Skip to main content

Harvests likely more than 70 percent below average in Rift Valley

  • Remote Monitoring Report
  • Tanzania
  • June 2015
Harvests likely more than 70 percent below average in Rift Valley

Download the Report

  • Key Messages
  • Projected outlook through September 2015
  • Key Messages
    • Ongoing Msimu harvests in the Rift Valley in the central regions will likely be 70 to 90 percent below average due to an extended dry spell from mid-February through March. Subsequent rains were inadequate for recovery. Household stocks from the harvest will likely be depleted by the end of July, whereas typically Msimu stocks would last until November. Poor households will likely be in Crisis (IPC Phase 3) from July until October, when land preparation begins.

    • Labor demand and incomes during the Msimu harvest will likely be below-average due to extensive crop loss in areas surrounding the Rift Valley in Dodoma, Singida, Shinyanga, and eastern Tabora. Low incomes from agricultural labor and from domestic labor will likely keep poor households Stressed (IPC Phase 2) until October, when land preparation starts and demand for agricultural labor increases.

    • Over 66,000 refugees and asylum-seekers have entered Tanzania from Burundi from April to June, according to the United Nations High Commissioner for Refugees (UNHCR). While water points, housing, and health facilities are currently being built for the arrivals in the camp and at transit centers, some people are having difficulty accessing services.


    Central Rift Valley in Singida, Dodoma, Shinyanga, and Tabora Regions
    • Low household food stocks following the well below-average Msimu harvest in June/July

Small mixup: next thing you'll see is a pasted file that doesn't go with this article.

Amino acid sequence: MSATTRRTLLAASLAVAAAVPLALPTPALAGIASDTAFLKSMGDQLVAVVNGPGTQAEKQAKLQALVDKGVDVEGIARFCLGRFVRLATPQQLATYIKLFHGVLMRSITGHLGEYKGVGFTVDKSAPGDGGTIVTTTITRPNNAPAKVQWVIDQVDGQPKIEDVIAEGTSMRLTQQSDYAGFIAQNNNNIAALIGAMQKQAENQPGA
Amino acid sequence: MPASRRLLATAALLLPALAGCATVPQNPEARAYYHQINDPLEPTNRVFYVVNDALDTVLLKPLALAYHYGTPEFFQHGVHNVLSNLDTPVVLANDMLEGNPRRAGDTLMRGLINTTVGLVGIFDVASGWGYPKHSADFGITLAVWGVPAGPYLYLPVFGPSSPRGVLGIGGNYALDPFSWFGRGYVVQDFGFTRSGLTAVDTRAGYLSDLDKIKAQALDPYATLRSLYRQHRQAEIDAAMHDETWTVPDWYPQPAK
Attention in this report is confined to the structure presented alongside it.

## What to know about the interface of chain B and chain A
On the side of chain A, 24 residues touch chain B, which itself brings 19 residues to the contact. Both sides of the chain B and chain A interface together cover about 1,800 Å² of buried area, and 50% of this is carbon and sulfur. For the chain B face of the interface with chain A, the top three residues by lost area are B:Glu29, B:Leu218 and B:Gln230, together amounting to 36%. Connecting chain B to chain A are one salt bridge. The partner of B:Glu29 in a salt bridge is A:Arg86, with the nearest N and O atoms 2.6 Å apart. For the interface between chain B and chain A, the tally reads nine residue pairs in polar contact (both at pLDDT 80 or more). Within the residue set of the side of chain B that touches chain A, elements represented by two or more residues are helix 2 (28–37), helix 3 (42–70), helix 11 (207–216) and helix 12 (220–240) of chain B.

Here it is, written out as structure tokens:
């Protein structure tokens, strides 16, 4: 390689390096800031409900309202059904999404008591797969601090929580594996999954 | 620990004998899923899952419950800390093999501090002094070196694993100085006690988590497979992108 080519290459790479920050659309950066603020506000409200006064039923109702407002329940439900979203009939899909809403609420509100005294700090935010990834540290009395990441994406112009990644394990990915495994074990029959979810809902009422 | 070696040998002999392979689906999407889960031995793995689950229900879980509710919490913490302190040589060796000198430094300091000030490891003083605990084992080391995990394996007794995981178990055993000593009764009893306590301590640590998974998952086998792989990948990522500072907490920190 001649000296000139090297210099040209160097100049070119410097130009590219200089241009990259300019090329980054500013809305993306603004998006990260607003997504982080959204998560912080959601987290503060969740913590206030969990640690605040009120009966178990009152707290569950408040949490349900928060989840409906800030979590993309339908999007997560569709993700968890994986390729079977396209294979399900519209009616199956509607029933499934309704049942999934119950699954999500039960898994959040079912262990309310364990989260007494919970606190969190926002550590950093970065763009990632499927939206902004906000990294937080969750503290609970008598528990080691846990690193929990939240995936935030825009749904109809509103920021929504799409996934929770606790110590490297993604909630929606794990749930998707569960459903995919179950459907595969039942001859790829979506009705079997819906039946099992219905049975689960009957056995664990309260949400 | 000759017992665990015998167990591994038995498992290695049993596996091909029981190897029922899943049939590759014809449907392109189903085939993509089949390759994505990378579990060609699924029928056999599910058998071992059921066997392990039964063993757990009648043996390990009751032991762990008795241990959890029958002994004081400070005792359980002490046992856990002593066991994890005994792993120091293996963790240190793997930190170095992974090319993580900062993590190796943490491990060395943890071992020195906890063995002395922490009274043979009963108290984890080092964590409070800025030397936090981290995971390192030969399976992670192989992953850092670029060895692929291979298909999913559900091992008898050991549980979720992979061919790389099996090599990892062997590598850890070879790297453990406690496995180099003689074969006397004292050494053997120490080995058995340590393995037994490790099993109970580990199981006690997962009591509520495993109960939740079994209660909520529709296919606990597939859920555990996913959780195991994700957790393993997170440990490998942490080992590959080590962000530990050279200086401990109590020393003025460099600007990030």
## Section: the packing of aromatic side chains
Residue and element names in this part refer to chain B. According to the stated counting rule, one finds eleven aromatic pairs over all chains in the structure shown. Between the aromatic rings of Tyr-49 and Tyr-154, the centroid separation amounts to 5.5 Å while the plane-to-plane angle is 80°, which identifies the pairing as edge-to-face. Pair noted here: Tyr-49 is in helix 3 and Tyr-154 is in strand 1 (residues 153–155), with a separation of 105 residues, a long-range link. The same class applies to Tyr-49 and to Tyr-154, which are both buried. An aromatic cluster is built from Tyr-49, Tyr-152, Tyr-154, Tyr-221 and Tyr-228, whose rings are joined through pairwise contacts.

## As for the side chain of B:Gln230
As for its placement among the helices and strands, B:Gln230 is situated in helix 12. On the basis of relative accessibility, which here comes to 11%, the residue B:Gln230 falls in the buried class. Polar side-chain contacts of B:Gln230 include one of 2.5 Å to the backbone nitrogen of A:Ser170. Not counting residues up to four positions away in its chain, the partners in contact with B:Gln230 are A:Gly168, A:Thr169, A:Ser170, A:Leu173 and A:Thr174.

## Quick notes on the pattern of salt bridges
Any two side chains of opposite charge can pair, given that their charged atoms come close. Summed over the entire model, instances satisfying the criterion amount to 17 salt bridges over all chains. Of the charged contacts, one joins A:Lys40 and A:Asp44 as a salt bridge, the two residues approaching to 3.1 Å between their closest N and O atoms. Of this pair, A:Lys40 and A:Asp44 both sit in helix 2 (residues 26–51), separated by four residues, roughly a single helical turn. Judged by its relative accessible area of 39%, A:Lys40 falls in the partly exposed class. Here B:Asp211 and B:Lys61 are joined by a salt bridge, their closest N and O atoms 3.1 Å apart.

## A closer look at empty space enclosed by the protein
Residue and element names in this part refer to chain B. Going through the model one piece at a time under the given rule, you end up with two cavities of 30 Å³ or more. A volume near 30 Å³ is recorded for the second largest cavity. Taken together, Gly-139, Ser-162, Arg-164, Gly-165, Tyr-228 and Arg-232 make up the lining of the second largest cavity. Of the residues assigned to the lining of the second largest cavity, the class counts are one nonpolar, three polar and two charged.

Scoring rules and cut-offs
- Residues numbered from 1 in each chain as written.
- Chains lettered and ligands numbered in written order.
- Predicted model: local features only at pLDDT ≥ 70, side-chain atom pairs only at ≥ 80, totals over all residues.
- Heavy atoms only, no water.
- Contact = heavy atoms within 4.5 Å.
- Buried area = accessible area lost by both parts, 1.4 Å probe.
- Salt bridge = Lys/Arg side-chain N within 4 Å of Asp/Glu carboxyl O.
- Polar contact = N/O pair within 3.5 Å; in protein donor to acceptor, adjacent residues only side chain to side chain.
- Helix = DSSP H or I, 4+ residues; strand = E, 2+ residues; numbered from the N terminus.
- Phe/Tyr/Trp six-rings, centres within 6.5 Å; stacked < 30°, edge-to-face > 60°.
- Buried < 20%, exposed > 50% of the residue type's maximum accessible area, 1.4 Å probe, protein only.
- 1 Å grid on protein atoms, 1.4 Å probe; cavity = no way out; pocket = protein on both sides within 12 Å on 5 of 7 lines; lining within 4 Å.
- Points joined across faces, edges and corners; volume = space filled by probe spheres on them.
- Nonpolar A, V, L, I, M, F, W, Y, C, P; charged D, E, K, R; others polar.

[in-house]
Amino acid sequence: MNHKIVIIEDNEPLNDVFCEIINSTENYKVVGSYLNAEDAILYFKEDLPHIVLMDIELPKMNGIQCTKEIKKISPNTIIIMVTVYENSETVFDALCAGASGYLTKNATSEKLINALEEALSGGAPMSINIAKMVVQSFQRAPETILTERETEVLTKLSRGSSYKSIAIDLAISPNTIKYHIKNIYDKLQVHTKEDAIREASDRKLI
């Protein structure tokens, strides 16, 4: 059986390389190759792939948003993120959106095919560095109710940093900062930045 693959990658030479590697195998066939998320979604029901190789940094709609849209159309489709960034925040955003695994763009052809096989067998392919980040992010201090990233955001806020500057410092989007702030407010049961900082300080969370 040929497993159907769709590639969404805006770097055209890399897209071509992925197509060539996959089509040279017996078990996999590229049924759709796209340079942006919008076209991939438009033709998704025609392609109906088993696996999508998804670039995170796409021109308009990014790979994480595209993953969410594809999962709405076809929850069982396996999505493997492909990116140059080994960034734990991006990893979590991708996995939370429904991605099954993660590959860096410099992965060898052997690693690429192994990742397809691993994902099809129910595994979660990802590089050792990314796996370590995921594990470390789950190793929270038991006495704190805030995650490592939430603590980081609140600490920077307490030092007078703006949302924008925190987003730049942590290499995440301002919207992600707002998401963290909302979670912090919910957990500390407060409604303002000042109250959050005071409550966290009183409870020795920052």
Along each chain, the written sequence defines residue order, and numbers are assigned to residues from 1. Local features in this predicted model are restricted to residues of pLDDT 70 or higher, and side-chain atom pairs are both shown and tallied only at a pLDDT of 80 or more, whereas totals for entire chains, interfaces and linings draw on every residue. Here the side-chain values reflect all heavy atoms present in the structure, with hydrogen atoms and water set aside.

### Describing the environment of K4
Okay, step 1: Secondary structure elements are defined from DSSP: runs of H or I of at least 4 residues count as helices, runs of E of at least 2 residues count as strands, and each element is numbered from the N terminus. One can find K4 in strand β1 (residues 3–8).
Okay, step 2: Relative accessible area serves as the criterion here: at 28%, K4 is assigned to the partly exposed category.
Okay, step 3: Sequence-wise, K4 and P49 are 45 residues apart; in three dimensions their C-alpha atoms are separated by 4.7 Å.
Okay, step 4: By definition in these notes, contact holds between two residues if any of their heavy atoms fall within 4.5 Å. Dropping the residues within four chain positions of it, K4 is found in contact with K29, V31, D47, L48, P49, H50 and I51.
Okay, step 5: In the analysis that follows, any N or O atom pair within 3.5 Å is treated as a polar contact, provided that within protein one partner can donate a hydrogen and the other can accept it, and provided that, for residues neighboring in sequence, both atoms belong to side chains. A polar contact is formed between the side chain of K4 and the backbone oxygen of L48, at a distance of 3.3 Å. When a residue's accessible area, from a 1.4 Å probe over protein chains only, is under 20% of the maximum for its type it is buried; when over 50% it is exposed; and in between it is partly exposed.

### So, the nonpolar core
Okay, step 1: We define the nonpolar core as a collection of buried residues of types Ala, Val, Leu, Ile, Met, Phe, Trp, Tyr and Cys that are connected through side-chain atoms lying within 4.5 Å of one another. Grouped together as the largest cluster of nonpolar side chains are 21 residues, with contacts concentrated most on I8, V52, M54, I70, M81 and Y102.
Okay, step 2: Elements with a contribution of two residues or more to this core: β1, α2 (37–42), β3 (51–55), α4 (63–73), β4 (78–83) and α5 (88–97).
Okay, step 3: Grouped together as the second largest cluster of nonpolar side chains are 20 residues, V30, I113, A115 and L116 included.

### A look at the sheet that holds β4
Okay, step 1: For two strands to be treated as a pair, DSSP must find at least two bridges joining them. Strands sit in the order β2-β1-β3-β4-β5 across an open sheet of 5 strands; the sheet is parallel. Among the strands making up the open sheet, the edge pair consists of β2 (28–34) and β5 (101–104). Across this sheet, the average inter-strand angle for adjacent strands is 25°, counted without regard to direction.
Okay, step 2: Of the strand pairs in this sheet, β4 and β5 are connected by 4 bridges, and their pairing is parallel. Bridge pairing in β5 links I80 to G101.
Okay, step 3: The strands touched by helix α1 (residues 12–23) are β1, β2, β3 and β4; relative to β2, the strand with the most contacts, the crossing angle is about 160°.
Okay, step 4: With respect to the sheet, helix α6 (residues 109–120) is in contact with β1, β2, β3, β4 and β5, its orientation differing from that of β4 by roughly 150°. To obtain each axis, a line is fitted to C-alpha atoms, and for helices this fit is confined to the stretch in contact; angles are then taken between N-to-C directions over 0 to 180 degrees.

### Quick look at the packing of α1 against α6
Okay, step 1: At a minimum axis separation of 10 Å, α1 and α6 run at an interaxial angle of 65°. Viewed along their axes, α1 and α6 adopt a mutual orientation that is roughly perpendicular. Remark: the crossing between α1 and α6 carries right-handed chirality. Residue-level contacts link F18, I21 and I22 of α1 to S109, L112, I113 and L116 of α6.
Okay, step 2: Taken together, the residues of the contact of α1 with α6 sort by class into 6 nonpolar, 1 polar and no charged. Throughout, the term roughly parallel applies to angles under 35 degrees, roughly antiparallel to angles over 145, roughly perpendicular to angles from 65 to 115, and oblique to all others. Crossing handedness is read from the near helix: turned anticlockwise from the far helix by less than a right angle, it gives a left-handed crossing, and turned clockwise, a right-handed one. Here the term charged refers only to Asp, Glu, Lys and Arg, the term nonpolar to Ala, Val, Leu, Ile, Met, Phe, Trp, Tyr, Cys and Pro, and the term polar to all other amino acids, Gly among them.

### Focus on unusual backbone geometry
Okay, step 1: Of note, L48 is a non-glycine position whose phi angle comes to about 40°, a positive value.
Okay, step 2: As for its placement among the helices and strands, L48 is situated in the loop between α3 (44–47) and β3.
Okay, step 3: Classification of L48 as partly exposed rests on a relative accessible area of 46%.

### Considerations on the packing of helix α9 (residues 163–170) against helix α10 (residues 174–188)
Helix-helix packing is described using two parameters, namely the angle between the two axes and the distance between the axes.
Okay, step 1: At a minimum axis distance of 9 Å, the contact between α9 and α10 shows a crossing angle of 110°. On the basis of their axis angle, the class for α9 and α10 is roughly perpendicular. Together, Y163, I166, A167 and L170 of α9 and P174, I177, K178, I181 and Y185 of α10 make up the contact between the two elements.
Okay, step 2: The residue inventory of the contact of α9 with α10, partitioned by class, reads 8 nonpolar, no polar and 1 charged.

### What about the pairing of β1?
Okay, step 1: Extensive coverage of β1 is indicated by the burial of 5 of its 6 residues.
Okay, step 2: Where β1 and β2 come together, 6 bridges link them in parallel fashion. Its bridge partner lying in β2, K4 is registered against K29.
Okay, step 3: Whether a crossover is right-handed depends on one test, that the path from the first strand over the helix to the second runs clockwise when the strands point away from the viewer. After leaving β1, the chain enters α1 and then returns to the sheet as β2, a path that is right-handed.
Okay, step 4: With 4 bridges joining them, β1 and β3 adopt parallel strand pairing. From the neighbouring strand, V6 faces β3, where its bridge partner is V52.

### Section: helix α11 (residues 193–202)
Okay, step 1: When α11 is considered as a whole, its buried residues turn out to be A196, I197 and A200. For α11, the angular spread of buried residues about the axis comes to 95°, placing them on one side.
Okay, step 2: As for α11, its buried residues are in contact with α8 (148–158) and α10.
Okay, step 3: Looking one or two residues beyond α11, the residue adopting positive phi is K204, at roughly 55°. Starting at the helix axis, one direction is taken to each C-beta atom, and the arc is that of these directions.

• Low agricultural labor demand and income from cash crops, limiting cash available for market purchases of food
    • Households will likely increase production and sale of charcoal and firewood from July to November, causing a decline in prices for these products.
    • Poor households may rely on market purchases for food as early as July, four months earlier than normal.
    • The fuel tax will increase by an additional TZS 100/liter starting in July on gasoline, diesel, and kerosene
    Refugees and asylum-seekers from Burundi in Kigoma Region and other areas along Lake Tanganyika
    • Over 66,000 people arrived in Tanzania from Burundi between April and June.
    • Health facilities, housing, and water points are overwhelmed by the number of arrivals in the camp and at transit centers.
    • Most arrivals do not have any sources of food or income other than humanitarian assistance at this time.
    • The large number of new residents of Nyarugusu Camp may continue to cause limit access to water, health care facilities, and firewood for food preparation.


    Projected outlook through September 2015

    Seasonal progress: Pasture and water are adequate nationwide due to rainfall in April and May. Msimu rains ended normally in May. Maize harvests and drying are ongoing in most areas, and will likely be below last year, but still slightly above average. The high elevation areas in Mbeya and Iringa will harvest at a typical time in late July/August. Above-average rains are expected for the beginning of the 2015/2016 Msimu season from October to December in unimodal areas.

    Masika season rains have ended seasonally across most bimodal areas during the second week of June. Crops are maturing; most areas will likely harvest from mid-July to August. The Vuli rains from September to November are expected to be above-average due to the ongoing El Niño. However, there may be some farmers who are reluctant to plant maize during Vuli season based on the past years’ below-average rainfall, and they may plant cassava or other crops instead.